• The study also suggests that patients from racial and ethnic minorities, pregnant women, and children are underrepresented in ongoing COVID-19 treatment trials.

At a Chicago Economics Forum event, Economics Professor Pablo Peña discussed how economics can be used to understand patterns of marriage, “a very Chicago topic.”

  • Peña discussed assortative matching in dating, an efficient process that allows people to best maximize each others’ utility when they are suited for one another.
  • When it comes to online dating, Peña pointed out that it leads to a trend of casual dating. As a result, people are more likely to engage in dating as an end in itself rather than a means to find a spouse—a negative in his opinion.

The Jane Project, an anonymous question-and-answer hotline for students seeking reproductive health tips, launched this month. The Jane Project is one of three current initiatives of UChicago’s student-run Planned Parenthood chapter, Project Reproductive Freedom (PRF).

  • The motivation for the Jane project came from the results of a student survey regarding University’s information-sharing on contraception and abortion resources. The name of the project was derived from the plaintiff's pseudonym “Jane Roe” in the landmark “Roe v. Wade” case.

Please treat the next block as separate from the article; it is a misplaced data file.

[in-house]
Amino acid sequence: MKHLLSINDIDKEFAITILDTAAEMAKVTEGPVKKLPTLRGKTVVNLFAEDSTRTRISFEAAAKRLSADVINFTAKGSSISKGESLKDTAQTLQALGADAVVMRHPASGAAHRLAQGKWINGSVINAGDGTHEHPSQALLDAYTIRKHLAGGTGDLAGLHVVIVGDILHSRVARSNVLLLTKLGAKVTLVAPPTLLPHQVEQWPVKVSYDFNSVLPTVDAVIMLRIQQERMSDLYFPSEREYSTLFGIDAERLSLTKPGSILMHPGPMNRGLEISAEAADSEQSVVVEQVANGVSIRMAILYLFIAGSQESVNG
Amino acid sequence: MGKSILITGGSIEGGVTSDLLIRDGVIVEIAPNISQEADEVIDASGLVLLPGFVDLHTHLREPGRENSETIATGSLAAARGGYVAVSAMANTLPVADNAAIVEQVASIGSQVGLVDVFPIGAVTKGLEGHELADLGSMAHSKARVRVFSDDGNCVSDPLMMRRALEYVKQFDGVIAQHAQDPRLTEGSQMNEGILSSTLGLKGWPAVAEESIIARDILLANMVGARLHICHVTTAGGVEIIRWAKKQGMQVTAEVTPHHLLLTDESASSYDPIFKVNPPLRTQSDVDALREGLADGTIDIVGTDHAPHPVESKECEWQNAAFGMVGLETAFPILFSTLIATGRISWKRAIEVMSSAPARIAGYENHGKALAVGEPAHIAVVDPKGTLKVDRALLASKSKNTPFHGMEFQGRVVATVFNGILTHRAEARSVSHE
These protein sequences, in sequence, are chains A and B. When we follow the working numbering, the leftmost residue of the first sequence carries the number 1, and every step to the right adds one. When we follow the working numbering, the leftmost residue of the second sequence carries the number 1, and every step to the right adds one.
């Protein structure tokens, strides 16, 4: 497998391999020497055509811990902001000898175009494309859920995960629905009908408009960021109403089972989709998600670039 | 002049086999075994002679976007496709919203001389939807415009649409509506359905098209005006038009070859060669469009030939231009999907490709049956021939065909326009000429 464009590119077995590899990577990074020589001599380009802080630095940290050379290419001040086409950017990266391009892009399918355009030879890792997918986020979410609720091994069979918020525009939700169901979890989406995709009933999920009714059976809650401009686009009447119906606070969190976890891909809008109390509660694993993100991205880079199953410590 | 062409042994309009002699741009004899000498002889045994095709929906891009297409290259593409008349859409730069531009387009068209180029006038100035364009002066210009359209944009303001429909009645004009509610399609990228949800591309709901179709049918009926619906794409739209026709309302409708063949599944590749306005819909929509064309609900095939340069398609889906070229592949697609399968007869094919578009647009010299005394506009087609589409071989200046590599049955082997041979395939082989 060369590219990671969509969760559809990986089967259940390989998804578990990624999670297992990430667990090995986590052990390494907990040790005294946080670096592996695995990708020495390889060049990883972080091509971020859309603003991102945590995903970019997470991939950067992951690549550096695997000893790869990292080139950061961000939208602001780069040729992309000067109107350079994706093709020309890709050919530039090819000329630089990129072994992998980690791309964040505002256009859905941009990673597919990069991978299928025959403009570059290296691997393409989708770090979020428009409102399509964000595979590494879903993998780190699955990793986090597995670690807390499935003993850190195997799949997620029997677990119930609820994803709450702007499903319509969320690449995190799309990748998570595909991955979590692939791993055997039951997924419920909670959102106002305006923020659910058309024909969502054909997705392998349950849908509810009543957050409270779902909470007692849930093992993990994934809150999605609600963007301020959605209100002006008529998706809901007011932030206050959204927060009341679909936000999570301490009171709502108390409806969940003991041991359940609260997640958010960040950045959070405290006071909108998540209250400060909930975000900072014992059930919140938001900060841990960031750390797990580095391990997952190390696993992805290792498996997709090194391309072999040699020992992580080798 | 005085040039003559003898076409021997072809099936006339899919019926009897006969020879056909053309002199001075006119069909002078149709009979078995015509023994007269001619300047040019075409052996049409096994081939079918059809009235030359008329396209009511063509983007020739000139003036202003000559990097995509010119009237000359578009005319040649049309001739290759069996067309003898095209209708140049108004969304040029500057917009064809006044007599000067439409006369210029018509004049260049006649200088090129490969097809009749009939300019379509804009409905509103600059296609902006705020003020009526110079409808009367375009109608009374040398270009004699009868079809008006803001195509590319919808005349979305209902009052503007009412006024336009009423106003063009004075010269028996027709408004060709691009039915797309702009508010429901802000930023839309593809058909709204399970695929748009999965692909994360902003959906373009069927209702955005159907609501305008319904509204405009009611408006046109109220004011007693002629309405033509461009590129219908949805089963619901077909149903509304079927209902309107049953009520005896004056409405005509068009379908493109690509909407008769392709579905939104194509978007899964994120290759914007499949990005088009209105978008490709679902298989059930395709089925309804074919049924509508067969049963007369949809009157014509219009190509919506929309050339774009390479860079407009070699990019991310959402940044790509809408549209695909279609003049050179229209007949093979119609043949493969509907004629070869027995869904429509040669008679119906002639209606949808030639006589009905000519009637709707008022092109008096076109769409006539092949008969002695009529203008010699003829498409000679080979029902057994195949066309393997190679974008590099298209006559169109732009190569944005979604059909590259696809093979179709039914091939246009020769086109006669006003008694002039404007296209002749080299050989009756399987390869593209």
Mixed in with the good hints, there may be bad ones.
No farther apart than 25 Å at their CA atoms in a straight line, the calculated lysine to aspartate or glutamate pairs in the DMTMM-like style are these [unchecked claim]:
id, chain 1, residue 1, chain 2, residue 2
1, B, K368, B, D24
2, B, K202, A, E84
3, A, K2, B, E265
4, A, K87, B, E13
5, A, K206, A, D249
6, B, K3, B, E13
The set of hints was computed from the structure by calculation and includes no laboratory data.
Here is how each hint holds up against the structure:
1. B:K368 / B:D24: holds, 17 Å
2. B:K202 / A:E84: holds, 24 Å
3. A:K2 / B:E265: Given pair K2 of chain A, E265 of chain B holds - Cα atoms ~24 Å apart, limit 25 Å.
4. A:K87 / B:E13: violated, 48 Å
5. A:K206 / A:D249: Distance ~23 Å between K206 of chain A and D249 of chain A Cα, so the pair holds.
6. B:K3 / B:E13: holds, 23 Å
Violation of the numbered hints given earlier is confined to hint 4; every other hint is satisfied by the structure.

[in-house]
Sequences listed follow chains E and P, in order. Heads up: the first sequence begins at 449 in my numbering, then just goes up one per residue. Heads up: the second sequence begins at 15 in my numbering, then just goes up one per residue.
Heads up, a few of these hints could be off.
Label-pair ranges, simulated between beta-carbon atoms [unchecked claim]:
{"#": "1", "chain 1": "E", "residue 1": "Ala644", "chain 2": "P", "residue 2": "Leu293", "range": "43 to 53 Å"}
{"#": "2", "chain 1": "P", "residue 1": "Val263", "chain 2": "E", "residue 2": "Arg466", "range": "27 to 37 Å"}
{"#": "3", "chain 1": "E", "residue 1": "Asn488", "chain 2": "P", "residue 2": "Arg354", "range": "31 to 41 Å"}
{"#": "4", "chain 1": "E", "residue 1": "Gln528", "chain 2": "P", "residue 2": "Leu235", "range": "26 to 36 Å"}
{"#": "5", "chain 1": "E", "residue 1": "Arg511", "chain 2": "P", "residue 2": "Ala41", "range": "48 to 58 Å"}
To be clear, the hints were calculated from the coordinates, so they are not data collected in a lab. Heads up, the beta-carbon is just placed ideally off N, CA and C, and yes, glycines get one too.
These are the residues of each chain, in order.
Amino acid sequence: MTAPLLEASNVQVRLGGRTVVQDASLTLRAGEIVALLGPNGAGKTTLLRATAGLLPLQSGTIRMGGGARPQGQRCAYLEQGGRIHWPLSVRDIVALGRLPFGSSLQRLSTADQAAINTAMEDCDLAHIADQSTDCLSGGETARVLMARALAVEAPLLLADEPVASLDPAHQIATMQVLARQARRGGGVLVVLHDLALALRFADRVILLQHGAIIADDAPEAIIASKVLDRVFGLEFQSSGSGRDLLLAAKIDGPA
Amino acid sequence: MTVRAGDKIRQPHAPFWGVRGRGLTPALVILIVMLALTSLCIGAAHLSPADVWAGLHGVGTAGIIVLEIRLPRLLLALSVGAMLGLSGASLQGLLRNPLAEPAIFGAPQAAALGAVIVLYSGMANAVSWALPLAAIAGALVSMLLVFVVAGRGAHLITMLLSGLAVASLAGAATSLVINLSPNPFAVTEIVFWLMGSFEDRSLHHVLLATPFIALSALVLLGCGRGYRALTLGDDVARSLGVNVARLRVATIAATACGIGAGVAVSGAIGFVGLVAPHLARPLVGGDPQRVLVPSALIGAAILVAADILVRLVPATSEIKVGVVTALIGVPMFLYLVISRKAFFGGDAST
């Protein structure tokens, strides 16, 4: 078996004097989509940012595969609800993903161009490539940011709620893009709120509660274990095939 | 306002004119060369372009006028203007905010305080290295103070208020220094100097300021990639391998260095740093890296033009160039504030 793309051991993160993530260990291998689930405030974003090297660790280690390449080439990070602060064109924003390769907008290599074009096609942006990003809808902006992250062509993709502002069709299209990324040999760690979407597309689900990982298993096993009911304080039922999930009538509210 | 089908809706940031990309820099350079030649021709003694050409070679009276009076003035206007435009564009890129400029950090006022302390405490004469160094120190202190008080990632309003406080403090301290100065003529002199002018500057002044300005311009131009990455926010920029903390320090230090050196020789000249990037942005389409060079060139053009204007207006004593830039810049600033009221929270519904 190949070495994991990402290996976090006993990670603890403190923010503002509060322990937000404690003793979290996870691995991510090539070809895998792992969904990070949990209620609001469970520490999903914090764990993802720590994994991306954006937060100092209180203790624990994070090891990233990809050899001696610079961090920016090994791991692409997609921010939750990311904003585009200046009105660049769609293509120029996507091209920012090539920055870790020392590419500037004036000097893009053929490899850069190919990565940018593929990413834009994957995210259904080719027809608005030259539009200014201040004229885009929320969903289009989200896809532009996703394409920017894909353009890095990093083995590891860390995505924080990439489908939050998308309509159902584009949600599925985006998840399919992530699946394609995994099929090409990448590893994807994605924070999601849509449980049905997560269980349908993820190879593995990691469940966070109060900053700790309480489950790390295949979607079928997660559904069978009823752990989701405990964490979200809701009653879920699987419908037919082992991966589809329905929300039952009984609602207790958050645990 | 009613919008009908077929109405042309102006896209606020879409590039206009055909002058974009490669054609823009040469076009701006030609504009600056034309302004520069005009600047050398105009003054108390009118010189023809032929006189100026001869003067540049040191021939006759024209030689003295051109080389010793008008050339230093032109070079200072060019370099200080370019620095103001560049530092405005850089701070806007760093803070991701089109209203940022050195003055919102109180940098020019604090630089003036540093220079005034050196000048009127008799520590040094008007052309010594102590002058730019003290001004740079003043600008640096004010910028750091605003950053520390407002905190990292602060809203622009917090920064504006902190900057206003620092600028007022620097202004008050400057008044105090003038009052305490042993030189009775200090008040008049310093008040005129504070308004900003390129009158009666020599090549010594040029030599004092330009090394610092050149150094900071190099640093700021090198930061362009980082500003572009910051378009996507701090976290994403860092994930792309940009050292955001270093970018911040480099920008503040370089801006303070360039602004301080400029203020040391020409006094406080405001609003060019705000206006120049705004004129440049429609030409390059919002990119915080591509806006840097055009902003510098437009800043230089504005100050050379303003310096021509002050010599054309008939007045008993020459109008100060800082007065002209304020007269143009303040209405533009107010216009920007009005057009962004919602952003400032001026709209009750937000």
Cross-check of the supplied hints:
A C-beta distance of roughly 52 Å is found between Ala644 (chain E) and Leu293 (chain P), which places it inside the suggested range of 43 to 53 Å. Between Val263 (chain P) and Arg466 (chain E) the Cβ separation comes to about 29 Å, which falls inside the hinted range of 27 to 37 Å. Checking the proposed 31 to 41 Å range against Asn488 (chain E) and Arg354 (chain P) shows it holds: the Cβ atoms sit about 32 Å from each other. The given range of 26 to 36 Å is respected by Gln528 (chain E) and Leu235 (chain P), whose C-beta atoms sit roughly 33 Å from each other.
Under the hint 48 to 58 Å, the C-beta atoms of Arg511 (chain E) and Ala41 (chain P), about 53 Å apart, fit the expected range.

• Moderators have responded to almost 10 questions on the Facebook page submitted anonymously. These questions depend highly on individual circumstances, which require moderators to research and learn themselves in order to provide accurate information.
  • Other projects PRF has developed include a menstrual destigmatization campaign on Instagram and a menstrual product drive. Since its conception in 2017, RPF has endeavored to spread knowledge and advocate for reproductive freedom on campus.

All students who did not opt out by March 1 are going to have a UChicago Medicine (UCM) medical record created for them in preparation for Phase 2 of vaccine distribution, which would allow students to receive vaccines from the on-campus clinic.

  • An on-campus vaccine clinic will open to all eligible members of the University community through Phases 1c and 2, upon approval from the Chicago Department of Public Health.
  • Students who do not want UCM to create a medical record for them must opt out by 5 p.m. on March 1. Creation of a medical record does not obligate any student to receive the vaccine, but any student who opts out of a UCM medical record will not be eligible to receive a vaccine from the University’s on-campus clinic.
  • Students who are enrolled in the surveillance testing program or who have previously been UCM patients already have a medical record through UCM’s MyChart patient portal. Once a medical record has been created, students will be able to use MyChart to schedule their vaccination appointments and access any other medical records.


In Viewpoints
Editors Ruby Rorty and Gage Gramlick write in:

Columnist Ketan Sengupta argues that the Chicago principles, as controversial as they can be, are essential to healthy and safe discourse on campus.

Columnist Manya Bharadwaj defends Delta Gamma, citing its commitment to constant institutional improvement and capacity for community building.


In Arts

Editor Alina Kim writes in:

Second-year Reese Klemm is the newest member of the UChicago YouTube scene.